New electro-optical applications of LCs: from beam steering devices and tunable lenses to negative refraction and field-induced dynamics of colloids
Oleg Pishnyak, ,
Kent State University
Modern electro-optical applications require low cost, fast operation speed and low weight. Liquid crystals (LCs) are providing all these features, but there are problems still unsolved and there are phenomena still unexplored.
In the Dissertation we explored new approaches for electro-optical applications of LCs. We described new designs of LC-based devices as well as shed some light on relatively new phenomena, such as negative refraction and electrically-controlled dynamics of colloidal particles in LCs. The main results obtained in this work are as follows:
1) Electrically tunable amphoteric (negative and positive) refraction was observed in nematic LC. The very existence of negative refraction in LC has been proven. Applications of the demonstrated phenomenon may include, e.g., beam steering devices.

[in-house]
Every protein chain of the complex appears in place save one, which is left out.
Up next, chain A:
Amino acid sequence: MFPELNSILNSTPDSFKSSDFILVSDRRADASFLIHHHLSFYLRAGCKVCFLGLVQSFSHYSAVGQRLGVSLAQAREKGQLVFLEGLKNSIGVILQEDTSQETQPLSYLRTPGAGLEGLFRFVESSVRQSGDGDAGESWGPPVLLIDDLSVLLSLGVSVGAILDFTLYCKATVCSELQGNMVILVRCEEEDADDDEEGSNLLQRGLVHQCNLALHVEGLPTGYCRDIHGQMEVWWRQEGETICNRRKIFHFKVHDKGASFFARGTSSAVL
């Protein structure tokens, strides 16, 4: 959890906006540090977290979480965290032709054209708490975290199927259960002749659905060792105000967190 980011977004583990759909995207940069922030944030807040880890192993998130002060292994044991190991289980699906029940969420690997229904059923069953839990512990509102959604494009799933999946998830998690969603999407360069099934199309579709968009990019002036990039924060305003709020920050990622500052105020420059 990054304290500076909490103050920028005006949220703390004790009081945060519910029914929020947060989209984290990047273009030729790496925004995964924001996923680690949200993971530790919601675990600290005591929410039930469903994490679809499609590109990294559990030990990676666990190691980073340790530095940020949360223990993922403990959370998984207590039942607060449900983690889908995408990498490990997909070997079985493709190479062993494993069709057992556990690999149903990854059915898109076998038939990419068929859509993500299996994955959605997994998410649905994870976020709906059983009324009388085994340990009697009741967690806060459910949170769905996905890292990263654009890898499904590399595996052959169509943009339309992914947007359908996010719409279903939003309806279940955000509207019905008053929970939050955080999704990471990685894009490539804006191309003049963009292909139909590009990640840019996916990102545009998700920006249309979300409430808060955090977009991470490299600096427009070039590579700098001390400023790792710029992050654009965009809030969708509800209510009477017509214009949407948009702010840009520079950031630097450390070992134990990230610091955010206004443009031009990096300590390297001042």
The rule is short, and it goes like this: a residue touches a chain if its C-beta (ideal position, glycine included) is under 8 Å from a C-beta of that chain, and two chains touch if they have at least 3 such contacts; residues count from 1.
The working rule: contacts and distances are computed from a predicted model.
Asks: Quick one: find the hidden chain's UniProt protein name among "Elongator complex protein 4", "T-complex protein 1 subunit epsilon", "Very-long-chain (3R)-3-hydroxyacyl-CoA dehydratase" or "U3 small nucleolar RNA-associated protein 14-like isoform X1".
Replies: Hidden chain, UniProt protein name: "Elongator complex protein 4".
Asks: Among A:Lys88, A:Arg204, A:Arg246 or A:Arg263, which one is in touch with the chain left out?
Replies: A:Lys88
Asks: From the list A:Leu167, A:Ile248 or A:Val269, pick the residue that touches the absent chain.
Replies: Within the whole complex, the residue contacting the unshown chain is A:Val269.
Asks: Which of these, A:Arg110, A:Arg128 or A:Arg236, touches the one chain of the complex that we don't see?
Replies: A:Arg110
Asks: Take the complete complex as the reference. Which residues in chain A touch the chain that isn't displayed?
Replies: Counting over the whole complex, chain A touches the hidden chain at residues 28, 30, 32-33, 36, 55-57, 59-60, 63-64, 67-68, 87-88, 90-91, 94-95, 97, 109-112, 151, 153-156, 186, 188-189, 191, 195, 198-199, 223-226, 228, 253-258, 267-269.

2) Applicability of SmA materials for birefringent prisms useful in digital beam steerers and dual-frequency nematic for fast achromatic polarization rotator based on 45-degree twisted nematic cells has been demonstrated.
3) Applicability of dual-frequency nematic for LC-based lens with a hole-patterned electrode structure, which focal length can be tuned by the electric field from negative to positive values, has been demonstrated. Such a design can be used to achieve fast optical communication between multiple channels, for example, in microlens arrays, in beam steering or scanning devices or for fast non-mechanical zooming in miniature cameras.
4) Behavior of colloidal particles dispersed in a nematic LC and surrounded by hyperbolic-type defects has been explored. We observed a number of interesting effects, such as levitation of particles in the bulk, selective movement of particles toward the opposite substrates according to the orientation of satellite defects and bidirectional motion controlled by electrically-induced backflow. The observed phenomena open the possibility for electrically-driven particles manipulation in LCs. This may result in many practical applications, including particles sorting, electrically-driven LC microfluidic devices, development of LC-based electrophoretic displays, etc. The studied LC-based colloidal dispersions also offer an excellent model system to study viscoelastic properties of complex fluids, Brownian motion, interparticle interactions, hydrodynamics, pedestrian and traffic behavior, aggregation and jamming phenomena, etc. These studies are currently in progress.